AES- Telasi: Power Trip or Power Play?
The state of Georgia’s geographic location provides resources, in particular hydroelectric power sources advantageous to their economic well-being. For this reason this post- communist state attracted the attention of AES, a multinational U.S. energy firm. More specifically, it caught the eye of Michael Scholey, a prospective investor and manager for AES. However, Georgia’s impoverished state and rampant corruption throughout the nation made the restructuring of Telasi difficult for Scholey.
AES’s western laissez-faire management style and organizational structure did not work due to Georgia’s past sour relationships with suppliers that were fueled by unpaid debts, theft and corruption. AES’s, primarily Michael Scholey’s, position to reconstruct Telasi involved the reconstruction of the Georgian society as a whole. However, the four organizing principles that AES was found upon, fairness, integrity, social responsibility, and fun, were not practical to Georgia’s status quo as bribes and unofficial payments were entrenched as a part of nearly every business transaction. “Eighty-seven percent of Georgians believed that unofficial payments were either an essential or a useful part of doing business” (Wharton 6). Along with government corruption the primitive methods of monitoring electricity use via meters within customers’ homes clearly did not work, as customers would tamper with them as best they could to get free electricity. Along with this, many customers implanted second and third power lines into their supply; raising the net electricity brought to their house from the plant. Scholey dealt with this by cutting off all illegal power lines and handled corrupt employees seriously. Furthermore, Scholey’s preaching in Tbilisi on closely monitored electricity usage and payment was not received well by customers. He attempted to resolve this by public relations as a part of main management plan to combat and halt...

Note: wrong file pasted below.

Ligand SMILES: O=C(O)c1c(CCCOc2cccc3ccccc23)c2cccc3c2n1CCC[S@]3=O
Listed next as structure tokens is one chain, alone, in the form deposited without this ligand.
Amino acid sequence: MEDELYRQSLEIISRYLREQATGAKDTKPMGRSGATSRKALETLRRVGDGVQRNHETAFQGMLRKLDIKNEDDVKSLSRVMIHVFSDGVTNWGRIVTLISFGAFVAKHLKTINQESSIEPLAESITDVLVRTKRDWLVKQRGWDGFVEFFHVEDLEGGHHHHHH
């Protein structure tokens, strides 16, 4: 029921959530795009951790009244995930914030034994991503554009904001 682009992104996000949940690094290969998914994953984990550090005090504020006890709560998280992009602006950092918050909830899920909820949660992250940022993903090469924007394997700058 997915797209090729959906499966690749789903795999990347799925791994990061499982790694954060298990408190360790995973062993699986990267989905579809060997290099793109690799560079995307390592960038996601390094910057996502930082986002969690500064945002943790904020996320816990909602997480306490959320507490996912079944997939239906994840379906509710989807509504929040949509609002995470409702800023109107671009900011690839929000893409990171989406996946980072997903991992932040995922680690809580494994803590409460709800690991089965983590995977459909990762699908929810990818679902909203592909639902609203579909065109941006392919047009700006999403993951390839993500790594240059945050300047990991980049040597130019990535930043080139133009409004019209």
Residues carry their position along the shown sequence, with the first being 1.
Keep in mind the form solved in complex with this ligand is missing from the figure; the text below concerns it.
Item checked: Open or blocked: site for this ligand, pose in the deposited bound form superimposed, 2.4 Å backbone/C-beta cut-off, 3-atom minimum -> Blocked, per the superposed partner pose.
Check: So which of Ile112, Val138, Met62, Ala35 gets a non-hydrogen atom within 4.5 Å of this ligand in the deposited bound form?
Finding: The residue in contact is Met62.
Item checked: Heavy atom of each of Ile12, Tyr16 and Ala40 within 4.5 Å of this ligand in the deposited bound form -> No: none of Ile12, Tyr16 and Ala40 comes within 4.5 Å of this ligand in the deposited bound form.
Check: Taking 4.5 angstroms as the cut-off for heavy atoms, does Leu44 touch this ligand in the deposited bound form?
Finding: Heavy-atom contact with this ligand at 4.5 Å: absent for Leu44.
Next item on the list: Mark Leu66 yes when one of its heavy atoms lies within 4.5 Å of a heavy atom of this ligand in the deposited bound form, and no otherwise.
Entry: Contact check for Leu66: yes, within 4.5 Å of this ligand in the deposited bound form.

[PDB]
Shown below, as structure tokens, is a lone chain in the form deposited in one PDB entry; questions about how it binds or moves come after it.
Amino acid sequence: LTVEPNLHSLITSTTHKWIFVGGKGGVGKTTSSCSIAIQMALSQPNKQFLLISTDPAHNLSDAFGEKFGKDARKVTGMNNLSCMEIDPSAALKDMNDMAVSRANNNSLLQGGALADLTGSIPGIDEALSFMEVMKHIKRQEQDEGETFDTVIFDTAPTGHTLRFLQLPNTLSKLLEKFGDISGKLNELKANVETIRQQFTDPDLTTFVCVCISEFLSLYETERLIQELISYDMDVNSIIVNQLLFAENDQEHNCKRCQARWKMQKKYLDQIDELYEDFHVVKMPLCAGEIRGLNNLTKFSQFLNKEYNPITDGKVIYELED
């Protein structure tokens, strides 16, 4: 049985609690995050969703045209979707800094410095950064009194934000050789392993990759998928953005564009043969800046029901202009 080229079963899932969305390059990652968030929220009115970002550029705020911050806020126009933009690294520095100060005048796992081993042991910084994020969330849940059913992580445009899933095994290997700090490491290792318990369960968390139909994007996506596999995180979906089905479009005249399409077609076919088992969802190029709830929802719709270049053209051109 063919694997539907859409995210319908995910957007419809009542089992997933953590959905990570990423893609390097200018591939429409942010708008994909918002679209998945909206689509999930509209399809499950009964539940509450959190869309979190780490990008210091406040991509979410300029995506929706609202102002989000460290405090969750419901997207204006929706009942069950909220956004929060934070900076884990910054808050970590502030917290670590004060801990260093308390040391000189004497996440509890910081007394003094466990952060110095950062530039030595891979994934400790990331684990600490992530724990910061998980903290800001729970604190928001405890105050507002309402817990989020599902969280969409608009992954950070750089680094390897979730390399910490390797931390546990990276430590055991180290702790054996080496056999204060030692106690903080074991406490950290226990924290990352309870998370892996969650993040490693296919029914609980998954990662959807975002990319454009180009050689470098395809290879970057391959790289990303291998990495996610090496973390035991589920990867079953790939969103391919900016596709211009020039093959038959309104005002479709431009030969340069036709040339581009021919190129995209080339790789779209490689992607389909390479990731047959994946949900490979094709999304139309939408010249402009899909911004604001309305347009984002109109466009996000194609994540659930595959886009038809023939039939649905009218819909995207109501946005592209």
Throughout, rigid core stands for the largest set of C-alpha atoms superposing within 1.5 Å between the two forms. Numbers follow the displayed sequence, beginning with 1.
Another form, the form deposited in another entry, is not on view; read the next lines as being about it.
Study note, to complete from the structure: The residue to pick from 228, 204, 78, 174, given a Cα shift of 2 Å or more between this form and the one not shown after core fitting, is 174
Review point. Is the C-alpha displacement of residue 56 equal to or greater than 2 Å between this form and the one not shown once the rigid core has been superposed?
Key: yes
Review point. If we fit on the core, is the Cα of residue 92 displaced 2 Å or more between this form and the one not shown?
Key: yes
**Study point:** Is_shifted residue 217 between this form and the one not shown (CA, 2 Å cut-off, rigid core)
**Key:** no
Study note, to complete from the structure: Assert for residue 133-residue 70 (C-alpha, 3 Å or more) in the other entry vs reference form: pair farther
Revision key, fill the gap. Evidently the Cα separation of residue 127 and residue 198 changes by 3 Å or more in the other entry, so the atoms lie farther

Please join StudyMode to read the full document